Origins of Common Law


The Common law is a body of law based on custom and general principles embodied in case law which serve as precedent and is applied to situations not covered by statute.  In other words, common law includes those principles, usages and rules of action applicable to the government and security of person and property, which do not rest for their authority upon any express and positive declaration of the will of the legislature[i].  The Common law applies only to civil cases.

England is the origin of the common law that exists in the U.S..  The English common law originated in the early middle ages in the King’s Court (Curia Regis) and eventually led to the formulation of various viable principles through which it continues to operate.  The common law has its roots in the U.S continent with the first English colonists who claimed the common law system as their birthright.

After the American Revolution, this Common Law was adopted by each of the states as well as the national government of the new nation.  When new states were formed, they also adopted the common law system either by an express provision or by a judicial decision.  However, if states were formed from acquired territory where other systems of law prevail, then the question of which system prevailed was determined by legislative enactment or judicial decision.

However, the U.S courts do not solely depend upon the expositions of the courts of England.  In order to ascertain the principles and rules of the common law, the courts may look to the decisions of other states of the Union, as well as to those of the English courts.  Moreover, the U.S. courts are not required to adhere to the decisions of the English common law courts, regardless of whether they were rendered before or after the American Revolution.  Similarly, the English statutes passed subsequent to the adoption of the common law in the U.S. are not part of common law in the U.S..

The principles of equity are regarded as a part of the common law adopted in the U.S.  The term “common law” includes those doctrines of equity jurisprudence not mentioned in the legislative enactments[ii]. Similarly, a law merchant is recognized as part of the common law.  It is defined as the system of rules and customs and usages generally recognized and adopted by traders as the law for the regulation of their commercial transactions.  However, the law merchant cannot override the local laws and commercial usages of any state[iii].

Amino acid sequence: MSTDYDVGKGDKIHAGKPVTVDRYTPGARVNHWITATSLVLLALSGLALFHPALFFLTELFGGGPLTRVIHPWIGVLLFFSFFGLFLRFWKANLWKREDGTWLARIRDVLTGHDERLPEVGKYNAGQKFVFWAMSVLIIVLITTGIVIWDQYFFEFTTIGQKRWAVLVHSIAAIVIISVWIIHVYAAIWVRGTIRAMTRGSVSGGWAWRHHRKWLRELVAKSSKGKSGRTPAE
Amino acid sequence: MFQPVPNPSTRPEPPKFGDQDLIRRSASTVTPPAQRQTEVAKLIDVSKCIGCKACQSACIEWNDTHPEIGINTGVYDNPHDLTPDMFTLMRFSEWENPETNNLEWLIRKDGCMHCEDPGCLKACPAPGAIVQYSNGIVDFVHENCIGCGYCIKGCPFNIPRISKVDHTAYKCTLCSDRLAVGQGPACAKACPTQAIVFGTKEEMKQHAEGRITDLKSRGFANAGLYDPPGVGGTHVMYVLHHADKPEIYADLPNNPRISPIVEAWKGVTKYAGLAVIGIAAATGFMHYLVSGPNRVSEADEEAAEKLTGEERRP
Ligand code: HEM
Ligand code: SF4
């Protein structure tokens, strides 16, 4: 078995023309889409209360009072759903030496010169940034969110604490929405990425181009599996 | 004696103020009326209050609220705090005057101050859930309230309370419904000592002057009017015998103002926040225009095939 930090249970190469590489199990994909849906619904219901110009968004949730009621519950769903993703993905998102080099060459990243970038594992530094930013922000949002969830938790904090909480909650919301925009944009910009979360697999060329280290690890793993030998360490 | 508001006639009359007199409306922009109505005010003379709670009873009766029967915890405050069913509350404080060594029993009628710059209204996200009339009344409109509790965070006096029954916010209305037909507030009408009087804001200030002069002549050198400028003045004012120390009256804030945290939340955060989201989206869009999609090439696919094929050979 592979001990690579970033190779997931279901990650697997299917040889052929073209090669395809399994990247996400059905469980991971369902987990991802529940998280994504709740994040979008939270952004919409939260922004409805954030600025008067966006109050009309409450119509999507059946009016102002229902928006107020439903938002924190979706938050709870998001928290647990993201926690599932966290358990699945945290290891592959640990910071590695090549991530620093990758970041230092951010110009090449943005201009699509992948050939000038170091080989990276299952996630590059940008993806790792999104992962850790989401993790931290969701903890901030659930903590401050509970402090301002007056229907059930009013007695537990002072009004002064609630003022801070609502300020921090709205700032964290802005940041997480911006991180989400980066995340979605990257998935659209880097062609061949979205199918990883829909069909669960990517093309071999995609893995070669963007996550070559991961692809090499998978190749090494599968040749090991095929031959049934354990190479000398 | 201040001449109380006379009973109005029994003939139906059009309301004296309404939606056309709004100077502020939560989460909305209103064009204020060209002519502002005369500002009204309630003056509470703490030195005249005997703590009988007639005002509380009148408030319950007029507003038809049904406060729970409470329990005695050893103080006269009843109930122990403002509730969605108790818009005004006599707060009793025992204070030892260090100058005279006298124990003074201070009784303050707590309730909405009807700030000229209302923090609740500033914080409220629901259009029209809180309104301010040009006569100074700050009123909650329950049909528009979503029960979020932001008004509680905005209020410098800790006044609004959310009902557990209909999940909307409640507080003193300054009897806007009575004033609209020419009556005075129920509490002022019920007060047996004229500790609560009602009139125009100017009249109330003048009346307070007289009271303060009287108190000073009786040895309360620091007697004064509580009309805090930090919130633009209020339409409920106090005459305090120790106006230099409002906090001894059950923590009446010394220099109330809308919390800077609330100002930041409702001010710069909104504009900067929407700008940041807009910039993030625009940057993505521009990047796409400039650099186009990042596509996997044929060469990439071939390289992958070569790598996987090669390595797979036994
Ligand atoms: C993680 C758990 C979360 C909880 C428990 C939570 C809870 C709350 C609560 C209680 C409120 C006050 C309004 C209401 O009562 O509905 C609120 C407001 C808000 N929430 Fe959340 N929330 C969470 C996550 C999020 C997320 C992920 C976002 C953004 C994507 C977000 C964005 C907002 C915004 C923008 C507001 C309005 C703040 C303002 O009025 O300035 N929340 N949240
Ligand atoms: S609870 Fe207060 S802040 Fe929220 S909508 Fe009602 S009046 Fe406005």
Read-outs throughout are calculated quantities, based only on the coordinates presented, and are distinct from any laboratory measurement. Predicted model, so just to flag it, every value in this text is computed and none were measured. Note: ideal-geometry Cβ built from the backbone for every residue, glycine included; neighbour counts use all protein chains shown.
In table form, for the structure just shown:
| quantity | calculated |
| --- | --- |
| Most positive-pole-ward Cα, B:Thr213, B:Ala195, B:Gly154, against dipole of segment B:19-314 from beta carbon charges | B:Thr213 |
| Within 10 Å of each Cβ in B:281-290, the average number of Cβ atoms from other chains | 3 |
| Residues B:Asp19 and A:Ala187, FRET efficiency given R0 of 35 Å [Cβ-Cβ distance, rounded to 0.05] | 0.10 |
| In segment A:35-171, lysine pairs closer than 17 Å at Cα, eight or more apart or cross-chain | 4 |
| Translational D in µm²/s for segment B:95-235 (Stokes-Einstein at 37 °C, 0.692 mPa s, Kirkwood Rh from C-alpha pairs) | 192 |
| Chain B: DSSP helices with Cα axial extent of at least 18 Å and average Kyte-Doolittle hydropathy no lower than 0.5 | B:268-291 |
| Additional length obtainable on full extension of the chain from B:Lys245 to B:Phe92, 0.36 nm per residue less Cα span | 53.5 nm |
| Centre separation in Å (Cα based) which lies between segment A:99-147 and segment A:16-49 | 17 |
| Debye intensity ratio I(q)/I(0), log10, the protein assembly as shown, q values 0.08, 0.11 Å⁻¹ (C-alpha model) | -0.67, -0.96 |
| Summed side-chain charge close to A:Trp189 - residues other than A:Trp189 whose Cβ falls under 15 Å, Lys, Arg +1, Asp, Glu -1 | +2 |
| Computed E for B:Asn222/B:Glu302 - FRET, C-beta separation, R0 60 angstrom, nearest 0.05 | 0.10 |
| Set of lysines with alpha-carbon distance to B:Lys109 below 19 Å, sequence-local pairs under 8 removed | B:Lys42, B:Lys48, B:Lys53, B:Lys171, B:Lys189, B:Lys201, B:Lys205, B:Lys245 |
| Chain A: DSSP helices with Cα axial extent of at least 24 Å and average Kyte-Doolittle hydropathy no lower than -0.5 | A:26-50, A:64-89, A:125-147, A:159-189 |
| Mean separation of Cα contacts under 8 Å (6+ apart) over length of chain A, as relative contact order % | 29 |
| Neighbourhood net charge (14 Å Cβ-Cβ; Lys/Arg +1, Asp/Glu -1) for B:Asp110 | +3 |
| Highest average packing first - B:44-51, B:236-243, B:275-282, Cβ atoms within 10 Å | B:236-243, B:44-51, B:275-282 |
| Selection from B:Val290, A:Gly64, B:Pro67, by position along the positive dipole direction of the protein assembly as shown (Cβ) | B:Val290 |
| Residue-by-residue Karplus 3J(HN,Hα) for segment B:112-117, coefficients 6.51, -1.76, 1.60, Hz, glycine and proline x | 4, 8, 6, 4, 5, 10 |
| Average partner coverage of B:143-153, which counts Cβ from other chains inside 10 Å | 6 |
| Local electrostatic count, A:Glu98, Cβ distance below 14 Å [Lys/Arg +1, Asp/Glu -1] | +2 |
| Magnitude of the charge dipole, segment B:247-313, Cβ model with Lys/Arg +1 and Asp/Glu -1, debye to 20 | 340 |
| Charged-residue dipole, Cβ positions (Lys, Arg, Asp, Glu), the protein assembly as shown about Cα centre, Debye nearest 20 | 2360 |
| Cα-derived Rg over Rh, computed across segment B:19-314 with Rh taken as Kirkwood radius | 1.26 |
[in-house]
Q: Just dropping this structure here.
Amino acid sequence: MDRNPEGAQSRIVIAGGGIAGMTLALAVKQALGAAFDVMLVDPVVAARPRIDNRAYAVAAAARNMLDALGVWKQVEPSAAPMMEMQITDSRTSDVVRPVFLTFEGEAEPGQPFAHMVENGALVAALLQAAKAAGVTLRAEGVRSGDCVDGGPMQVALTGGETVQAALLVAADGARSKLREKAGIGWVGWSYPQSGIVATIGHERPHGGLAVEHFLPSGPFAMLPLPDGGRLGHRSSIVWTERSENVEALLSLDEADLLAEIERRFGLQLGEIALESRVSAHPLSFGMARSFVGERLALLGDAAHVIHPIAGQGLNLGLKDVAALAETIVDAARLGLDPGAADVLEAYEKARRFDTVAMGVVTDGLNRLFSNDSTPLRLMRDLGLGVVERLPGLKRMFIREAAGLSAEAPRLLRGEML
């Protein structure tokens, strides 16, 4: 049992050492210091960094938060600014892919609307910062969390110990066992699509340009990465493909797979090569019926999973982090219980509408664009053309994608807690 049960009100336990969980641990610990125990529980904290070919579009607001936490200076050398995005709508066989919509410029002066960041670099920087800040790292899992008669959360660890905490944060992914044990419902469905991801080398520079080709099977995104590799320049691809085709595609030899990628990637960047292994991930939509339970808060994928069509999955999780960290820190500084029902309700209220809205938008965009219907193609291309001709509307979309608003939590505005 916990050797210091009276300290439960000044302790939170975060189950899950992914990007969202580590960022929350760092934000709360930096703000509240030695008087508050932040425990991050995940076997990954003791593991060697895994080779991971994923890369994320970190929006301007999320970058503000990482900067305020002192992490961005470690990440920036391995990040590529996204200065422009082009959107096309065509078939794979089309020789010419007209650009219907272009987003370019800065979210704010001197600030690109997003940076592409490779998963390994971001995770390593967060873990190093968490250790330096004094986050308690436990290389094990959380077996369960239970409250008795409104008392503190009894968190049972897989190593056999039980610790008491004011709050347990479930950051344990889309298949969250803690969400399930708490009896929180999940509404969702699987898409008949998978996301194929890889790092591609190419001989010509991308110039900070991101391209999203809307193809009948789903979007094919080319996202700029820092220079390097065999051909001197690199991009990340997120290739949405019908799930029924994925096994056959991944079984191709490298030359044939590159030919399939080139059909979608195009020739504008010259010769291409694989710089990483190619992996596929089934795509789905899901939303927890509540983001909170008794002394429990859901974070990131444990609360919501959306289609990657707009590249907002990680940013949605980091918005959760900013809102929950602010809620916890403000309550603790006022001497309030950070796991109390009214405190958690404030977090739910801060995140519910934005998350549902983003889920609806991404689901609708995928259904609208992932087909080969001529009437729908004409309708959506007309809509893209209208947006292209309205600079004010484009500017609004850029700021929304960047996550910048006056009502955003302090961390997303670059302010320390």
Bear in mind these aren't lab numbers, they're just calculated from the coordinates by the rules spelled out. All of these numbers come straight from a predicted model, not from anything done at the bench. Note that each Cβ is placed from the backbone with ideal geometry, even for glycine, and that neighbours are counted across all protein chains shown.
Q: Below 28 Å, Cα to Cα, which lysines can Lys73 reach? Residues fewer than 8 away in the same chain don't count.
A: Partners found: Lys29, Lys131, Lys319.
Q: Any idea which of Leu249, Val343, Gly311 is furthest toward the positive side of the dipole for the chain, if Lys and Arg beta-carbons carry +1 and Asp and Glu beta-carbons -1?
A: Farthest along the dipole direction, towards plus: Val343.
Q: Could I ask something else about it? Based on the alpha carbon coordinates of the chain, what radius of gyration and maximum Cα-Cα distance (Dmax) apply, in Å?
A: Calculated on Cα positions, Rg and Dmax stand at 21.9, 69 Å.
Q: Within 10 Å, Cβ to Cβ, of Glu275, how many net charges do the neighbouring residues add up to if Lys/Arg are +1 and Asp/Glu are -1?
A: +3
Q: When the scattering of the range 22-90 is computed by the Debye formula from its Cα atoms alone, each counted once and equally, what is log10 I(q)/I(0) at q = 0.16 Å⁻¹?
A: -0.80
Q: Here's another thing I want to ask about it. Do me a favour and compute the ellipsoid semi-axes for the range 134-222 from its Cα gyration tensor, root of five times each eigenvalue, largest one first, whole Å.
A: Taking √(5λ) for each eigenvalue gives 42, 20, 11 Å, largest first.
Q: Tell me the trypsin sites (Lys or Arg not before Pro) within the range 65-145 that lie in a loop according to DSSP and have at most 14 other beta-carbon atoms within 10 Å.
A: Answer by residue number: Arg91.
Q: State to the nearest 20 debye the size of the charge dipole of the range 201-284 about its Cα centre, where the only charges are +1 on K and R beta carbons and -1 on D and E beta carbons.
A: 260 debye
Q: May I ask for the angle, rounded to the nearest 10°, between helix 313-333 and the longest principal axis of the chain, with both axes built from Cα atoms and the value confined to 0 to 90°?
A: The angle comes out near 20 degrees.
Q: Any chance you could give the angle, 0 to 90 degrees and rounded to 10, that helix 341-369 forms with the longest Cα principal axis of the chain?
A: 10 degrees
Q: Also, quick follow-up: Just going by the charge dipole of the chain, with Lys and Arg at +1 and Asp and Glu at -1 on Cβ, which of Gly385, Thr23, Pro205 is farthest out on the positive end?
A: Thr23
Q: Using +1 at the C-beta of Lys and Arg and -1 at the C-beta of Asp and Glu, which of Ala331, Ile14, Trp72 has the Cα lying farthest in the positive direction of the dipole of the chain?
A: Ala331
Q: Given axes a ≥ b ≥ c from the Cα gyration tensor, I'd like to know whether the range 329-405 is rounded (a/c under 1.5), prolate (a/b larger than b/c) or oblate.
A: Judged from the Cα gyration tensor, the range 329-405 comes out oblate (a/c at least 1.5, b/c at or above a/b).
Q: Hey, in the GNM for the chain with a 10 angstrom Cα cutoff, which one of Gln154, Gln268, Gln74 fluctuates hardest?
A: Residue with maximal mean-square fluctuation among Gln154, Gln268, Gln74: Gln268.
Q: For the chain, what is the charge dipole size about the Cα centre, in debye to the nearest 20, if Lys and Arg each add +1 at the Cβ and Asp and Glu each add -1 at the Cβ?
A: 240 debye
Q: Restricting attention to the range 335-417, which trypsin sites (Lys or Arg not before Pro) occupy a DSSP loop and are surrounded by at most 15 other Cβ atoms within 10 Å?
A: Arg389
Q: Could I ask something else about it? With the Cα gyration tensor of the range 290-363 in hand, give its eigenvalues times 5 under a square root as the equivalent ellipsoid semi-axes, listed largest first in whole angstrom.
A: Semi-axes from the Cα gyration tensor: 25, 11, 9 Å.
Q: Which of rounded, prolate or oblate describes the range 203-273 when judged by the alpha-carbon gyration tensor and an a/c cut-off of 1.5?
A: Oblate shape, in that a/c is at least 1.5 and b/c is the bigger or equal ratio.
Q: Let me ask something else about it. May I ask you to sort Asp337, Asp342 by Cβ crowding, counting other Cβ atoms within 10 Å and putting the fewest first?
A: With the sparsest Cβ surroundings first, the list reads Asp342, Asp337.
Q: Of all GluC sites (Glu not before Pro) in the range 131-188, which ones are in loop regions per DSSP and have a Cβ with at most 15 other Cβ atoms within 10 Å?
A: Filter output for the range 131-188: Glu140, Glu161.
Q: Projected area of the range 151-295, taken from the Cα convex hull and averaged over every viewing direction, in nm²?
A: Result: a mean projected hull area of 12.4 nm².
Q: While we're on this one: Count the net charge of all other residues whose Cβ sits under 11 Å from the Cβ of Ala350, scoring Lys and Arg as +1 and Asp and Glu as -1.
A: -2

Christianity is part of the origin of the common law.  Although Christianity is considered part of the origin of the common law, the courts did not regard it as controlling or imposing in nature while discussing a religious duty of any narrow view or things related to morality and decency.  It was observed that even if Christianity is not a part of the law of the land, if it is the popular religion of the country, then an insult to it can disturb the public peace[iv].

Ecclesiastical laws are English laws pertaining to matters concerning the church.  These laws were administered by ecclesiastical courts and are considered a branch of English common law.  There is a difference in opinion about the adoption of Ecclesiastical laws in the U.S.  On one hand, since ecclesiastical courts were not established in the U.S., the code of laws enforced in ecclesiastical courts cannot be considered part of the common law.

On the other hand, the canon and civil laws administered by the ecclesiastical courts come under the unwritten laws of England.  And by custom, these laws are adopted and used in a certain jurisdiction.  It is maintained that such laws must be used in the U.S. if the tribunal has jurisdiction especially if the rule of the ecclesiastical courts is considered to be better law than the one in the common law court.

Therefore, the origin of common law in the U.S. can be traced back to various sources such as the common law principles of England, the equity principles, Christianity and ecclesiastical courts.

[i] Western Union Tel. Co. v. Call Publishing Co., 181 U.S. 92 (U.S. 1901)

[ii] Vidal v. Phila., 43 U.S. 127 (U.S. 1844)

[iii] Donegan & Tabor v. Wood, 49 Ala. 242 (Ala. 1873)

[iv] Zeisweiss v. James, 63 Pa. 465, 471 (Pa. 1870)


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